The names of the victims -- Patrick Sheridan, 34, of Long Beach, and Casey Falconer, 19, of Garden City Park -- will be read aloud during the invocation. Electronic signs at the entrance to campus will also carry a message in memoriam, college officials said.
The lone survivor of the Wednesday night crash, Evan Kisseloff, 21, of Oceanside, is expected to attend the graduation, receiving a degree in aviation management.
"It will be felt. Everybody is going to be thinking about this," said Paul Pilipshen, 39, of East Islip, who is graduating Saturday and knew Sheridan.
At the crash scene in Sterling, Pa., investigators with the National Transportation Safety Board examined the charred wreckage Friday, searching for clues.
Ralph Hicks, NTSB's lead investigator, said 80 percent of the plane was destroyed by fire after it crashed in a wooded area 2,250 feet from the end of the runway at Spring Hill Airport.
"Every piece" of the plane has been accounted for, Hicks said. He said the wreckage will be hauled to a hangar in Clayton, Del., where investigators will try to determine the cause of the crash.
"We're looking at the whole, big picture. We'll take it apart and see what's left," Hicks said.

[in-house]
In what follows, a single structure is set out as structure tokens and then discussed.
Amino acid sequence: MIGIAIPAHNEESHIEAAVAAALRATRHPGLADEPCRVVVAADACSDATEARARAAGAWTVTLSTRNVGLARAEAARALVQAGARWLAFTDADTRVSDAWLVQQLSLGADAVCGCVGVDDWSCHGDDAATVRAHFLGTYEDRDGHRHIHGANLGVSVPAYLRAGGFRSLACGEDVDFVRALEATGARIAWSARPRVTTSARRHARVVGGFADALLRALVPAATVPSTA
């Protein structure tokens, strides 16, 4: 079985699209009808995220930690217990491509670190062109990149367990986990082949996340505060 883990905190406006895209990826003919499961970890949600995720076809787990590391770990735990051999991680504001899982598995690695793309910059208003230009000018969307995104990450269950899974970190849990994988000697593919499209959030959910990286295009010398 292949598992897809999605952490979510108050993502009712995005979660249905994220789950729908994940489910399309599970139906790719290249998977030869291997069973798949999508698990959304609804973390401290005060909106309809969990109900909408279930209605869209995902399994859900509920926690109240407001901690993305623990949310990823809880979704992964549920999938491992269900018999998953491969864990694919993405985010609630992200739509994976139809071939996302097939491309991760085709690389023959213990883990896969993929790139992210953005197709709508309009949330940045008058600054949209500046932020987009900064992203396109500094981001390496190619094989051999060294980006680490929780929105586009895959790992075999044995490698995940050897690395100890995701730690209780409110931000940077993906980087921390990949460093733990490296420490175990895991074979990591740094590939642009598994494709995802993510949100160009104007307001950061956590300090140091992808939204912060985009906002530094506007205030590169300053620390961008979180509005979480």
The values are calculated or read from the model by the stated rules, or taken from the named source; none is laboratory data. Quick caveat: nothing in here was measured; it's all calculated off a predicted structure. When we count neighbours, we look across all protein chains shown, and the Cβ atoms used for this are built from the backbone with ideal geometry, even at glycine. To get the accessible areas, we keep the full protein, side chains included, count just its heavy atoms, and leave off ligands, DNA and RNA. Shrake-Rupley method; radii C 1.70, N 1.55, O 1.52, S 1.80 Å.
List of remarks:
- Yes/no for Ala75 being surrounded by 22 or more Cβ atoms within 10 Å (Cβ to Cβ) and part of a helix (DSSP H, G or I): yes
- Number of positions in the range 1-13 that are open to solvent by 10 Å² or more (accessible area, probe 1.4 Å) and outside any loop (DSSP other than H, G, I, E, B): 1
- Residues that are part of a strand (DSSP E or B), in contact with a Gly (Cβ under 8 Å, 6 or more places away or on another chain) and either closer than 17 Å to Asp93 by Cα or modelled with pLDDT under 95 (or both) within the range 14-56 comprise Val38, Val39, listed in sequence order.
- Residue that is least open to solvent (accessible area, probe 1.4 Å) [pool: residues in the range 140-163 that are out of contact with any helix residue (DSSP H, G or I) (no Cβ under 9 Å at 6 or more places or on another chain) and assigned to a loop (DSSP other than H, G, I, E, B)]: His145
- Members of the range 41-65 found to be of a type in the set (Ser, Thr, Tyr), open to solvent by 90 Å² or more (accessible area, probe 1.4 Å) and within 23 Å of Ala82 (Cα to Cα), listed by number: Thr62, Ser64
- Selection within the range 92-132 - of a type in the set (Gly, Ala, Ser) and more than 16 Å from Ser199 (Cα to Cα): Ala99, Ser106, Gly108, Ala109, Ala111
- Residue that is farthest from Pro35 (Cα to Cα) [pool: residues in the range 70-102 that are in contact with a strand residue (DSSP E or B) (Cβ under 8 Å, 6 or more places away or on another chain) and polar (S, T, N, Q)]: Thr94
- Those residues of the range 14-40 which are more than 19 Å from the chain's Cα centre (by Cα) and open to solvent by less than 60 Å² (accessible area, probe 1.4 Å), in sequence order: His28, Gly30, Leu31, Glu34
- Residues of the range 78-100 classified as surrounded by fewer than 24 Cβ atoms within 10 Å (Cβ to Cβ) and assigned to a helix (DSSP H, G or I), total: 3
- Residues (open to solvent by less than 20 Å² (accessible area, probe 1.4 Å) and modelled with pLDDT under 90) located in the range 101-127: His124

The crash occurred about 10:30 p.m., with the three students en route to Republic Airport in East Farmingdale. The single-engine Mooney M20J apparently stalled on takeoff, clipped some trees and slammed into the ground, authorities said.
Sheridan, the pilot, was a student in the school's professional pilot program, as was Falconer, the college said.
Sheridan's license was in good standing, with no record of any enforcement actions by the Federal Aviation Administration, officials said.
The students had dinner Wednesday with Falconer's parents at their home in the Poconos and were returning to Republic Airport at the time of the crash, Kisseloff's father said.
Kisseloff, who suffered a cracked rib and bruises, was treated and released. From the rear passenger seat, he escaped the burning plane by crawling through a window, then called for help, authorities and witnesses said.
Wayne County Coroner Edward Howell said autopsies on Falconer and Sheridan were completed Friday. Toxicology tests, routine in NTSB investigations, were also done, he said. No results have been released.
Ben Struck, chief flight instructor at the Farmingdale college, said he and the 30 students in the pilot education class are grieving and trying to figure out how to honor the students who died.
"They were good kids," he said.
With Candice Ferrette
and Ellen Yan